In March 2011, the National Newspaper Publishers Association, at the urging of Wilmington Journal publisher Mary Alice Thatch, voted to pursue pardons of innocence for the Wilmington Ten. That effort got underway in earnest in January 2012, and after a series of NNPA stories based on an investigation that revealed never-before-seen court records proving prosecutorial corruption, the mainstream media – including The New York Times, The News and Observer, The Wilmington StarNews and MSNBC’s Prof. Melissa Harris-Perry - caught on, and began editorially pushing for pardoning the Wilmington Ten.
Change.org, the NAACP and The Wilmington Journal garnered over 144,000 petition signatures for the cause.
Gov. Perdue’s pardons legally mean that the accused did not commit the crimes they were convicted of.
The governor’s decision was roundly hailed.
“Gov. Perdue’s historic action today doesn’t remove the past forty years of injustice against ten innocent American citizens - North Carolinians who stood up for equal treatment under the law in our public education system,” the Wilmington Ten Pardons of Innocence Project, a justice outreach effort of the National Newspaper Publishers Association and the Wilmington Journal newspaper, said in a statement.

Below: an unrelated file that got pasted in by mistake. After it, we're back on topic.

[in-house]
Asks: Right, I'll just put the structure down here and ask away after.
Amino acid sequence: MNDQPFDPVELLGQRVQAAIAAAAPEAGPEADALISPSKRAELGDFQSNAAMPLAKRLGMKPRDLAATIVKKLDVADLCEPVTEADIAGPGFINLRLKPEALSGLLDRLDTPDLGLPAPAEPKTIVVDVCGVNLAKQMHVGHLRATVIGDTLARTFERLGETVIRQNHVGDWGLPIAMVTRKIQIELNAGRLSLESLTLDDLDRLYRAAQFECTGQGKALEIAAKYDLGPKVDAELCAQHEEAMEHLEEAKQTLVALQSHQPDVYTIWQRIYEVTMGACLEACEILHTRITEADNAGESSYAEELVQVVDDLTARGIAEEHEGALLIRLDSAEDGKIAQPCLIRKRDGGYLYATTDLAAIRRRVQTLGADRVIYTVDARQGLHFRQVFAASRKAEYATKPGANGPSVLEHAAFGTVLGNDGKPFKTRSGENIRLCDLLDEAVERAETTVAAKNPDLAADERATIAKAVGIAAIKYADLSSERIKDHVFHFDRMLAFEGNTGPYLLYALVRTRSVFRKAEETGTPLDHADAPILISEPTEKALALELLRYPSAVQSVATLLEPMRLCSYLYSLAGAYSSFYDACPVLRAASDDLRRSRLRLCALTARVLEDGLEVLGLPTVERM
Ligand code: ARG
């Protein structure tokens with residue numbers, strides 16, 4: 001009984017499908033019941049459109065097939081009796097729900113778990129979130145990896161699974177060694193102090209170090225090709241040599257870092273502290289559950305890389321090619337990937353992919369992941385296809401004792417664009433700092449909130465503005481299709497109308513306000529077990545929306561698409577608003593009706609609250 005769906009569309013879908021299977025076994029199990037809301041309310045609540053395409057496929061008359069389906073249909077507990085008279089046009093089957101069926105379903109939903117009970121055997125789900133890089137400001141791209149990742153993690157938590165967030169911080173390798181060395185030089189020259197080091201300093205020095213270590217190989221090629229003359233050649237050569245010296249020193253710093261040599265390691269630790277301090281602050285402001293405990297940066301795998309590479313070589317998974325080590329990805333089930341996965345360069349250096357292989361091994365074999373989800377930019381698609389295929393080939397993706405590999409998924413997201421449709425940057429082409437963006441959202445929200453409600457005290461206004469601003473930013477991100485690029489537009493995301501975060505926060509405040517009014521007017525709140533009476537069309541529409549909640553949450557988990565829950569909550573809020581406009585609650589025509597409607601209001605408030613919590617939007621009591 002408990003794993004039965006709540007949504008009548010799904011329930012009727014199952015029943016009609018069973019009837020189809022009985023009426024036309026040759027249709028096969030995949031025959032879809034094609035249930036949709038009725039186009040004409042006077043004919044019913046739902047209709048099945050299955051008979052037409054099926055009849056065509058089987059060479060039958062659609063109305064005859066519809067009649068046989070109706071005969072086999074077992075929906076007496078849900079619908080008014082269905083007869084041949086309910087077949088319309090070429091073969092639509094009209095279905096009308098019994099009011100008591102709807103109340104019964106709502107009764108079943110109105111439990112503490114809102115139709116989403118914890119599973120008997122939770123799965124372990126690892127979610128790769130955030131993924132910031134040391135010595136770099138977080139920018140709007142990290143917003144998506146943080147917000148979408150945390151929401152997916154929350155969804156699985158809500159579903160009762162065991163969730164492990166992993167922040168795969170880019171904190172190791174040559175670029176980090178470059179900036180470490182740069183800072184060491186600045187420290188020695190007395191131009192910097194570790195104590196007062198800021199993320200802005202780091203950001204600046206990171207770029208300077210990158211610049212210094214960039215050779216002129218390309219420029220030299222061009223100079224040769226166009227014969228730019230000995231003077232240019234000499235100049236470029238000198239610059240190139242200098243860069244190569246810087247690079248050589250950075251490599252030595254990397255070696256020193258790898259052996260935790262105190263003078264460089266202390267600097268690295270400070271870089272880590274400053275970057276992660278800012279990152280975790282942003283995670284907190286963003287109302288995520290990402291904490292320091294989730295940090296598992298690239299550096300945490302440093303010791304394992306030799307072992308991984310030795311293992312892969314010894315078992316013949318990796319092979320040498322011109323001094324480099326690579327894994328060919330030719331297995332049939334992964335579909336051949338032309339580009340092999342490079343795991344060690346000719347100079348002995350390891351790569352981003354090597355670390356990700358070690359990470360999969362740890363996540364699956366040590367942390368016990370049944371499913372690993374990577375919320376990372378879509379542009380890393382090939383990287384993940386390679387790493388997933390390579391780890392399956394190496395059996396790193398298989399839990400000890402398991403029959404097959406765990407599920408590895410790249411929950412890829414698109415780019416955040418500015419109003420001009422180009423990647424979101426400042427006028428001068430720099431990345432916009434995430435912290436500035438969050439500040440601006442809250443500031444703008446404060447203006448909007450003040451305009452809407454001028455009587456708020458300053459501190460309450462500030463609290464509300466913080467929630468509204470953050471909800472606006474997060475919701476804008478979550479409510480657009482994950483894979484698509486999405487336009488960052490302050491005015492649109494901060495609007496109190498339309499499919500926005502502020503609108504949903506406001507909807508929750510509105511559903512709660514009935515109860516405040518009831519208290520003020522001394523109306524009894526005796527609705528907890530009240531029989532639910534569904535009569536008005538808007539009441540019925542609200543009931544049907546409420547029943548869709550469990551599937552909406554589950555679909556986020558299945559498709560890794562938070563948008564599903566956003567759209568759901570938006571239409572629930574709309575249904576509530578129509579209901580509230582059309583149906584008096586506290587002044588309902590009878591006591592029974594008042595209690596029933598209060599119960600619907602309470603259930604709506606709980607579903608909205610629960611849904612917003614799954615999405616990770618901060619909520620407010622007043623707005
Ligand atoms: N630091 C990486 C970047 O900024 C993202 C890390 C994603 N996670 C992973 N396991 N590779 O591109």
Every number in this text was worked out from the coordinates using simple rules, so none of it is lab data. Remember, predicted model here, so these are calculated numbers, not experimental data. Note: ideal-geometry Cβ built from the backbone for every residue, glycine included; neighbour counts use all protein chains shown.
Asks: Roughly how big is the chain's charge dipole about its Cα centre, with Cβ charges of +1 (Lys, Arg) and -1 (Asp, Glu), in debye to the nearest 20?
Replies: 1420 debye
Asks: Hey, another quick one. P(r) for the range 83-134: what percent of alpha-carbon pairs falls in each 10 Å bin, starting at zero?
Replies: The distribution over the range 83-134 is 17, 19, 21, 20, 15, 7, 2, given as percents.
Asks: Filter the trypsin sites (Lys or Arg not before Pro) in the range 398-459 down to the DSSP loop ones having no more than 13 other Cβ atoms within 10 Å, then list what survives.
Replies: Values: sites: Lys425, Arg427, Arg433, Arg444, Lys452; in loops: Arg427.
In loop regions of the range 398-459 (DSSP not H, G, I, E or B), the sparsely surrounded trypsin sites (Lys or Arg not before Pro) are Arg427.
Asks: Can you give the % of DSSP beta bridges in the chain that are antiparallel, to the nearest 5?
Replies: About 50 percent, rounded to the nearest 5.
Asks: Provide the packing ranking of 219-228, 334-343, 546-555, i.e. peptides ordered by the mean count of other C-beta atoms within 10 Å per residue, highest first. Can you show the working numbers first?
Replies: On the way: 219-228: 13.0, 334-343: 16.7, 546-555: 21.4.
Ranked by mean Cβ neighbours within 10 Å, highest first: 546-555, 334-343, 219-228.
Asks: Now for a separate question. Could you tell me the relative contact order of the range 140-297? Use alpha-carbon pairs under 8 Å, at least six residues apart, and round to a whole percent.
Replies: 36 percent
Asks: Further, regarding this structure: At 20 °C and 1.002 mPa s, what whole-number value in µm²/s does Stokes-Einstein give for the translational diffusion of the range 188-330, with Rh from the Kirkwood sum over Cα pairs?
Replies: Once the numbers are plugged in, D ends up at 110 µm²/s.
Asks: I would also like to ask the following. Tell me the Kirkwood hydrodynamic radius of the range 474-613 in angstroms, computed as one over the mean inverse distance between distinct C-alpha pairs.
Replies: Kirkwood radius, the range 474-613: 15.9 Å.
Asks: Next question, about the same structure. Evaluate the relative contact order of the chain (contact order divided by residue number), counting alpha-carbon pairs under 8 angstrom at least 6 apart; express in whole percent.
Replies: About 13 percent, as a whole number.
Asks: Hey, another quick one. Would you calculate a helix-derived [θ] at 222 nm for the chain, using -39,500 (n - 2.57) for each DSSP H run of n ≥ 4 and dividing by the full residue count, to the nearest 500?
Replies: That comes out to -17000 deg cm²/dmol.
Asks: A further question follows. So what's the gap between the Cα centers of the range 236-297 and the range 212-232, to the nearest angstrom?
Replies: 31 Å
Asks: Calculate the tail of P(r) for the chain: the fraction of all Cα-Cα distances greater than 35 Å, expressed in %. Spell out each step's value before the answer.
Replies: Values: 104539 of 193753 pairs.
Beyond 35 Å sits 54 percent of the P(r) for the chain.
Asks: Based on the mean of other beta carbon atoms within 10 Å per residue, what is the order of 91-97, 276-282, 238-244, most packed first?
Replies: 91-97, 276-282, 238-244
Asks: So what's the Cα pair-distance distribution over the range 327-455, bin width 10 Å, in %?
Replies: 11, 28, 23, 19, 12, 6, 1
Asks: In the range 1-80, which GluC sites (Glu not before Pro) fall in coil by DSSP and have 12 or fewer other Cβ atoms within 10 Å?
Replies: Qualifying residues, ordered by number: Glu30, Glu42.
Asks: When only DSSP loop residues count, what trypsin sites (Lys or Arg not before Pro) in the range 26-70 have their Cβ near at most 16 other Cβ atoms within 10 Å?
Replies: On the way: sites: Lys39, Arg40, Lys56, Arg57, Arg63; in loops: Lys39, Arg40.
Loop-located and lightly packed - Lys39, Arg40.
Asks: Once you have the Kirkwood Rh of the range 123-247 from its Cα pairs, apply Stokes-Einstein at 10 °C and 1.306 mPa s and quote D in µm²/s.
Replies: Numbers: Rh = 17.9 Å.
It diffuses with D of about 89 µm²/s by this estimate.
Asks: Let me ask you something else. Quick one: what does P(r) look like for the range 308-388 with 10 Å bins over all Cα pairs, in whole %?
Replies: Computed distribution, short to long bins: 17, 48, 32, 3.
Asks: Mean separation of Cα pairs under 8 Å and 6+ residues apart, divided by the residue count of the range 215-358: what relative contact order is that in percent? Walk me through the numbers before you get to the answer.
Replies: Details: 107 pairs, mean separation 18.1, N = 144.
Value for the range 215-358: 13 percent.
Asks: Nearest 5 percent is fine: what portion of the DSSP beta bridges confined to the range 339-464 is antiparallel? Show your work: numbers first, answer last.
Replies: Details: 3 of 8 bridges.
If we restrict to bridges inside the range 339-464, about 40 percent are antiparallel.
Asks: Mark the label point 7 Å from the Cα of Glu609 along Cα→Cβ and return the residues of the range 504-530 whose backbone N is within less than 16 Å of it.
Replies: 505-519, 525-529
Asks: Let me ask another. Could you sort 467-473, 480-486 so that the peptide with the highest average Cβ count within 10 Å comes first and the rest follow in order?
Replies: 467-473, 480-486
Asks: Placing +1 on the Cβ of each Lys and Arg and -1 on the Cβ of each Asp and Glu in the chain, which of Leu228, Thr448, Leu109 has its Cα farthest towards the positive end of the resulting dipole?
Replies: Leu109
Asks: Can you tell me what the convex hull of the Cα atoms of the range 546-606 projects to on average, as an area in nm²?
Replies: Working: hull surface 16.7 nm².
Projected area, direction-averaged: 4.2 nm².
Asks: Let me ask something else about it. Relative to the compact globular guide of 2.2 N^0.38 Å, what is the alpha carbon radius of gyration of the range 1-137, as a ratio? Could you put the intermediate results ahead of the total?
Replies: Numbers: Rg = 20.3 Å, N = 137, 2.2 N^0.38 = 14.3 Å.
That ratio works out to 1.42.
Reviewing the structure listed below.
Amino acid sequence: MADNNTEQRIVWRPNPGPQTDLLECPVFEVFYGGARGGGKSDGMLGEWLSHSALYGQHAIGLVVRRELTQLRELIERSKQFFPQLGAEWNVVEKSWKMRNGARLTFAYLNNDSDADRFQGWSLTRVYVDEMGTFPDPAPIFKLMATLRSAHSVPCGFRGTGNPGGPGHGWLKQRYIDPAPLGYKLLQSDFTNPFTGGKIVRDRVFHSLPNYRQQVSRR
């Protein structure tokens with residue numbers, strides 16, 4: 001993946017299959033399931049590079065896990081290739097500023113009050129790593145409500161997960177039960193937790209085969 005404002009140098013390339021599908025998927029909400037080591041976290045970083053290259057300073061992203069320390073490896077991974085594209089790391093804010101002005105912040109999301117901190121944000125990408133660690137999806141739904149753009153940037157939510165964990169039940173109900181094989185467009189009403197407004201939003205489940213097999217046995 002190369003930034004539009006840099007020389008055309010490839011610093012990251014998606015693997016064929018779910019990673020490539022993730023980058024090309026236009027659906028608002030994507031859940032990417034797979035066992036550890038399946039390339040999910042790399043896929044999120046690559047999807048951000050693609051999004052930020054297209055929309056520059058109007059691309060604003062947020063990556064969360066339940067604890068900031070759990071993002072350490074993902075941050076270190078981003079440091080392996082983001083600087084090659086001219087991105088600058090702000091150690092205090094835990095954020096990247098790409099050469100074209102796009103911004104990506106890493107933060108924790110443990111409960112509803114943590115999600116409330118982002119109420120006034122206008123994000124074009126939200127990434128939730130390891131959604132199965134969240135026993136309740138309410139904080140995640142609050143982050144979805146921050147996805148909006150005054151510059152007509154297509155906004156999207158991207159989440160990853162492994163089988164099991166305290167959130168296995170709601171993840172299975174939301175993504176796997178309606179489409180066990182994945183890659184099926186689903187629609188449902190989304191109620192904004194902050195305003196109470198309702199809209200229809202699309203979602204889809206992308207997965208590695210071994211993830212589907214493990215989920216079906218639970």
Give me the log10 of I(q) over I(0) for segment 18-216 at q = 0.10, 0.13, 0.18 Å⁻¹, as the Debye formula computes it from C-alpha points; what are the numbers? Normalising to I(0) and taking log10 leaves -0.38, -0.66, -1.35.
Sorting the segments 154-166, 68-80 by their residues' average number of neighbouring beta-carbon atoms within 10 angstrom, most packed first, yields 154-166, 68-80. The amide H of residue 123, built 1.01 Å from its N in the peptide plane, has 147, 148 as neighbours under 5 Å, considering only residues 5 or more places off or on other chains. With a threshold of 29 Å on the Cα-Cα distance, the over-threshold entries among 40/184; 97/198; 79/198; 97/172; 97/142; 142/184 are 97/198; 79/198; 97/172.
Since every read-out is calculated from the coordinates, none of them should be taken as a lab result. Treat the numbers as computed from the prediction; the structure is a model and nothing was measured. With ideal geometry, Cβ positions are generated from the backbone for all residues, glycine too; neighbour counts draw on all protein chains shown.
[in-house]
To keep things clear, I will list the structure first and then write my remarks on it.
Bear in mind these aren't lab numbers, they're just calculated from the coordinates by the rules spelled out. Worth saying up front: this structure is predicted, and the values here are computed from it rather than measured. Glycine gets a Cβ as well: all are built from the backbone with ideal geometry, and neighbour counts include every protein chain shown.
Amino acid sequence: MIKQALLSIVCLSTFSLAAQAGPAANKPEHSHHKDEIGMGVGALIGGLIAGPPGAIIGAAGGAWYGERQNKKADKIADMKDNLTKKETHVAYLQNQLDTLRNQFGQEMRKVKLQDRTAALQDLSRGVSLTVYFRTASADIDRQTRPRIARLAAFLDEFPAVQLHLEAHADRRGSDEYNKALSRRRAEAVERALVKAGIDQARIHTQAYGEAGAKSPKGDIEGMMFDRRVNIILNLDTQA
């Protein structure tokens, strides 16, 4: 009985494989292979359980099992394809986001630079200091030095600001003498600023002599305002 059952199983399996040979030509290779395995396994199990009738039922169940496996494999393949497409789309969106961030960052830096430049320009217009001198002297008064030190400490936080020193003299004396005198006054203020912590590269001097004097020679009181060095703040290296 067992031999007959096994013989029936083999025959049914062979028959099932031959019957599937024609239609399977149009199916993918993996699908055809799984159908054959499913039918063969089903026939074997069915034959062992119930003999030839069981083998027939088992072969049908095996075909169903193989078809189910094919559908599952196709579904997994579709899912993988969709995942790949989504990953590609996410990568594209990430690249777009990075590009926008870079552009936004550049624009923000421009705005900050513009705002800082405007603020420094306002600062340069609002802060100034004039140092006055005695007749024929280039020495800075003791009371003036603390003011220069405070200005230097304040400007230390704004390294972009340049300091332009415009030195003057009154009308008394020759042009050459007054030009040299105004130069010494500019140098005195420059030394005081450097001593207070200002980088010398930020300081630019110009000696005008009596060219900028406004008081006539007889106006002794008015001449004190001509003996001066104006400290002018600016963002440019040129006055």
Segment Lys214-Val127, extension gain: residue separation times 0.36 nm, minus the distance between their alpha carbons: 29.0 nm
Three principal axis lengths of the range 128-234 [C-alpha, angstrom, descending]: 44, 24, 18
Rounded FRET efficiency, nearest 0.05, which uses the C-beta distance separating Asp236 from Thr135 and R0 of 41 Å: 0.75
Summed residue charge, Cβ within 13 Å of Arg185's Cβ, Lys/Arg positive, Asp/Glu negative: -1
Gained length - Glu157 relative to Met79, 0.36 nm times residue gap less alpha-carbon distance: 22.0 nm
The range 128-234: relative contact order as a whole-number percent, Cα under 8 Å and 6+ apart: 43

“But [the governor’s pardon] does correct the historical record, that Connie Tindall, Jerry Jacobs, William Joe Wright, Anne Sheppard, Wayne Moore, Marvin Patrick, James McKoy, Willie Earl Vereen, Reginald Epps and the Rev. Dr. Benjamin Chavis, were indeed innocent of all charges falsely assessed to them by a corrupt prosecutor who, to this day, has not answered for what he did.”
Governor Perdue agreed that revelations of the racist and illegal trial tactics of Wilmington Ten prosecutor Jay Stroud – which included documented handwritten evidence of seeking “KKK and Uncle Tom-type” jurors; bribing witnesses to commit perjury; hiding exculpatory evidence of a witness’s mental illness from the defense; and deliberately forcing a mistrial so that he could get both the judge and jury that would guarantee convictions – corrupt the criminal justice system, and shamed the state.
Perdue called it “naked racism.”
“This conduct is disgraceful,” the governor said in her statement. “It is utterly incompatible with basic notions of fairness, and with every ideal that North Carolina holds dear. The legitimacy of our criminal justice system hinges on it operating in a fair and equitable manner, with justice being dispensed based on innocence or guilt – not based on race or other forms of prejudice.”